Week of Remembrance: April 19, Waco and Oklahoma City

In continuing with my “week of remembrance” series, unfortunately today marks the anniversary of two absolutely terrible tragedies: the end of the 73-day “Waco Siege” and also the bombing of the Alfred P. Murrah Federal Building in Oklahoma City, Oklahoma.

I mentioned the Waco Siege a few months ago when I did a response to the series done by CNN called, “Crimes of the Century.” I did not go into much detail then about it, and I still do not want to go to much detail here, but since we are remembering what happened on this day 21 years ago, it may be appropriate for me to put my personal feelings about the matter aside.

It started in February of 1993, when it was somehow discovered that a “cult” in Waco, Texas known as the Branch Davidians (a sect of the Seventh Day Adventists) were stocking up on illegal automatic weapons as well as using underaged girls as “spouses” for the sect’s leader, David Koresh (thus resulting in statutory rape among other illegal activities when minors are involved). Once ATF became involved in what they were doing in their compound known as “Mount Carmel”, a simple raid on the compound was all that it intended to be — the goal being to obtain the weapons that were illegal in the United States. Sadly, this turned into a 73-day operation that blew so far out of proportion for what law enforcement intended it to be — a raid. Koresh refused to surrender and this resulted in military tanks being brought onto the compound, and a few law enforcement officers loosing their lives at the unexpected extreme backlash by the Branch Davidians.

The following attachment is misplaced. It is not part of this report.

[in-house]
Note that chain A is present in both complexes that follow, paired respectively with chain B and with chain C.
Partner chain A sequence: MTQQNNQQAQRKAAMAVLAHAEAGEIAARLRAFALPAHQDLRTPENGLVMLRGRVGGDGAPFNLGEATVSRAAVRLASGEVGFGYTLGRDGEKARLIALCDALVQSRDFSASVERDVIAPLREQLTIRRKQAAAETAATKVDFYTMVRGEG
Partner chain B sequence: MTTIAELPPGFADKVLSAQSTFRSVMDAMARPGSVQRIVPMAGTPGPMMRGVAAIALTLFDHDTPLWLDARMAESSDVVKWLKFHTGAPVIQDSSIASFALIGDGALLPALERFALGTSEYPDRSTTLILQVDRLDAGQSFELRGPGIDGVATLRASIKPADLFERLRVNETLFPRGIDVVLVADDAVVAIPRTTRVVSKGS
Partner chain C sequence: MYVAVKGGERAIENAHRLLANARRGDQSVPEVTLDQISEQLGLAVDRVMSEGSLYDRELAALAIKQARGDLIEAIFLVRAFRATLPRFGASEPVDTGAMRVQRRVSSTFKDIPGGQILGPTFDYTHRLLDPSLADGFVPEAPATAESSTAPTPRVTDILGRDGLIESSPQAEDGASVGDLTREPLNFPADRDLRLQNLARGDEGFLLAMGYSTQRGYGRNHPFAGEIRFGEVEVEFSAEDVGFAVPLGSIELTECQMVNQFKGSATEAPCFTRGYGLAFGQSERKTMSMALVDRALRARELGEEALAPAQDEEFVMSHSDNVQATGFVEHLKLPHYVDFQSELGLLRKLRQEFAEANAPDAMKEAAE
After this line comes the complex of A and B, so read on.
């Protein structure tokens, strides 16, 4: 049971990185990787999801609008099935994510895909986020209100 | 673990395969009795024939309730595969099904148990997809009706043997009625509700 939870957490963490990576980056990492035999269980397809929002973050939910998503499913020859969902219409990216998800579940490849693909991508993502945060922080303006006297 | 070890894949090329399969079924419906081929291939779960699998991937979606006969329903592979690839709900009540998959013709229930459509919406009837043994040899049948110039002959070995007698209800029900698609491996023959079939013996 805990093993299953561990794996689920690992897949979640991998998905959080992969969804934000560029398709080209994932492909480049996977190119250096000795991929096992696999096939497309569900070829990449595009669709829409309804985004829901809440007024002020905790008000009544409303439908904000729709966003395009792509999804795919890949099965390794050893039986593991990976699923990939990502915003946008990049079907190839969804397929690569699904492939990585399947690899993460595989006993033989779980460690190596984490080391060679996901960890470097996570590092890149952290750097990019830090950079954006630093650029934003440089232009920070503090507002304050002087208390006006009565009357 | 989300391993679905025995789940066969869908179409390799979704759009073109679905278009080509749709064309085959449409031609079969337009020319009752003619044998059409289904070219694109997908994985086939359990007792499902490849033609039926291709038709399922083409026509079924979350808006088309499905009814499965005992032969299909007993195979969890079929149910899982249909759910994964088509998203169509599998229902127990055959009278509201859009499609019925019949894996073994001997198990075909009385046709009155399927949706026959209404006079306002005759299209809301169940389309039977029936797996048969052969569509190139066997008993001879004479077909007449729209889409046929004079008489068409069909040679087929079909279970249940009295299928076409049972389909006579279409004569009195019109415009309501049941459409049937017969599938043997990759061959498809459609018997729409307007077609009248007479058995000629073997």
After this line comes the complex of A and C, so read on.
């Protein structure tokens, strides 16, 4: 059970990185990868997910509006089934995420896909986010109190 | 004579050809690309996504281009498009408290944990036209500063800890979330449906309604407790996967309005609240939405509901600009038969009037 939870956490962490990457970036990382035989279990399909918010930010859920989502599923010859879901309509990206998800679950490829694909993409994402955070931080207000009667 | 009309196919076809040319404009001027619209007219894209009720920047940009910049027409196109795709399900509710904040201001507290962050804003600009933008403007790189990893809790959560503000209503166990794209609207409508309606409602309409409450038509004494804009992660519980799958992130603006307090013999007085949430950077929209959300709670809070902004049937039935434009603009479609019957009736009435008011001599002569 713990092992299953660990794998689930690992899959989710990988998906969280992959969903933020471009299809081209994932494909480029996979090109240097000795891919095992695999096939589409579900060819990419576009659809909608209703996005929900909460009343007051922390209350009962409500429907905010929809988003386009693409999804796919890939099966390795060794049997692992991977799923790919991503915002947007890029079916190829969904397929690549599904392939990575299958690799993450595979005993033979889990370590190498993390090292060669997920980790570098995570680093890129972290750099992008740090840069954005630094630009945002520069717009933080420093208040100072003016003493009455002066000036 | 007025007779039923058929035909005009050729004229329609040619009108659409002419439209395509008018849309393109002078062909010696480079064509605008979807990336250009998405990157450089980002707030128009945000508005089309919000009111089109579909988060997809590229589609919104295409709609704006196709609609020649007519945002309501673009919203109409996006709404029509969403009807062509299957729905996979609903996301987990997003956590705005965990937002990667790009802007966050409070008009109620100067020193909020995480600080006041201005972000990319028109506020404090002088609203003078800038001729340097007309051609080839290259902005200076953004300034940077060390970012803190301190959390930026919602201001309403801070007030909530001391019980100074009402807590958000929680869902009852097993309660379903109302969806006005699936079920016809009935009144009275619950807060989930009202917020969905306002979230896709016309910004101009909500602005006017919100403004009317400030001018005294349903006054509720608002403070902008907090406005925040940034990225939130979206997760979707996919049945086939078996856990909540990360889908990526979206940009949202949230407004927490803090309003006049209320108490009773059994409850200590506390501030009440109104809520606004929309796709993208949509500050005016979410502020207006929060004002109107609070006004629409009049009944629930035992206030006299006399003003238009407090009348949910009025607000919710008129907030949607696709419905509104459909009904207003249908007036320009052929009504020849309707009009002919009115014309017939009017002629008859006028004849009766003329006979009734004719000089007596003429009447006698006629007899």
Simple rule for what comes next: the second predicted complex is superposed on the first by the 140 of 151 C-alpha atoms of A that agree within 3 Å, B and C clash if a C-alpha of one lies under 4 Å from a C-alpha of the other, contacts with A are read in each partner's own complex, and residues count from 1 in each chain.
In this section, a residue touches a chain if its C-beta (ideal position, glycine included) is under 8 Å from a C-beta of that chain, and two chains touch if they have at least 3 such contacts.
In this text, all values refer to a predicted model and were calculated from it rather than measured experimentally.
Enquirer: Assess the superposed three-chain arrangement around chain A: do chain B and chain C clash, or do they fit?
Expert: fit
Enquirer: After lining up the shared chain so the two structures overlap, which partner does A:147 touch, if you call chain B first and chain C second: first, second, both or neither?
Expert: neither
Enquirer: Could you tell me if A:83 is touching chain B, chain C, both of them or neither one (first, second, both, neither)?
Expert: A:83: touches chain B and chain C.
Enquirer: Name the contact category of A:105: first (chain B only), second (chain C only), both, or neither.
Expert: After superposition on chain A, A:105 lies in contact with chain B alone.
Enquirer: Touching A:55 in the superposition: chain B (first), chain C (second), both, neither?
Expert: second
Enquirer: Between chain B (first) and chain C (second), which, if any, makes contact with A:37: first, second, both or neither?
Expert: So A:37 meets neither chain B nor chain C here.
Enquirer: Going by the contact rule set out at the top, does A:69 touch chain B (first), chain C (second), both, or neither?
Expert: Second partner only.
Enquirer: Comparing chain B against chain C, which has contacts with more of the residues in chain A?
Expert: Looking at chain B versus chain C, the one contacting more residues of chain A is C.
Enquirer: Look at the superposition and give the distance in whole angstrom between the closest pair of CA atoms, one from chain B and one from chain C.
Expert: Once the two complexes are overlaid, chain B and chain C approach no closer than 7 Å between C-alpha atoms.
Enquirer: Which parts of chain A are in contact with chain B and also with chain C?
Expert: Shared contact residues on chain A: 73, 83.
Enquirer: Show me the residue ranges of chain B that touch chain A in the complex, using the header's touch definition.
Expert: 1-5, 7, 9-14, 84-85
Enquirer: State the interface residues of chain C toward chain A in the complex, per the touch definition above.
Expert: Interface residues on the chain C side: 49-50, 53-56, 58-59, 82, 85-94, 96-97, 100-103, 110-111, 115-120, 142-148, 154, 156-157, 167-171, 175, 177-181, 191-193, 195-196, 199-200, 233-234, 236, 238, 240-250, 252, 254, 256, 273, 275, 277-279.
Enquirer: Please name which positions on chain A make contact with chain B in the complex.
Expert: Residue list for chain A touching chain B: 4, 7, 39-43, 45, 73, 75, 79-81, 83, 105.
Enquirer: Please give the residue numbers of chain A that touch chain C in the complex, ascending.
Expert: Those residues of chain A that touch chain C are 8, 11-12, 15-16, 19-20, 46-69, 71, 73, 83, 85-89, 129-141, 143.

It is unknown to this day who fired the first shot that ended up in the firefight between law enforcement (by this point, the Attorney General and FBI were involved) and the Branch Davidians (namely Koresh), though the ending was something that I believe no one could have ever expected. Tear gas was thrown into the compound as an attempt to get Koresh and the rest of his followers he held hostage with him out of the building, but instead, a fire erupted and ultimately 76 of the Branch Davidians lost their lives, including 33-year-old David Koresh and his many children.


Ironically enough, a man sat on the hood of his truck on the outside of the compound watching the siege unfold each day. That man was Timothy McVeigh, just 25-years-old at the time of the siege. He became incredibly outraged at the “government’s actions” regarding the Branch Davidian’s along with the issue of gun rights for Americans. He had already served in the Army in the Gulf War, and in the documentary, “The McVeigh Tapes” he describes a moment of shooting multiple people from far range (he was trained as a sniper) and remembering something changing inside of him and he watched through the gun his shots take the lives of his targets. It was more than just him fighting for his country — it had become something deeply personal. He decided it was time to do something to “get back” at the government for what they had done, namely in the Waco Siege.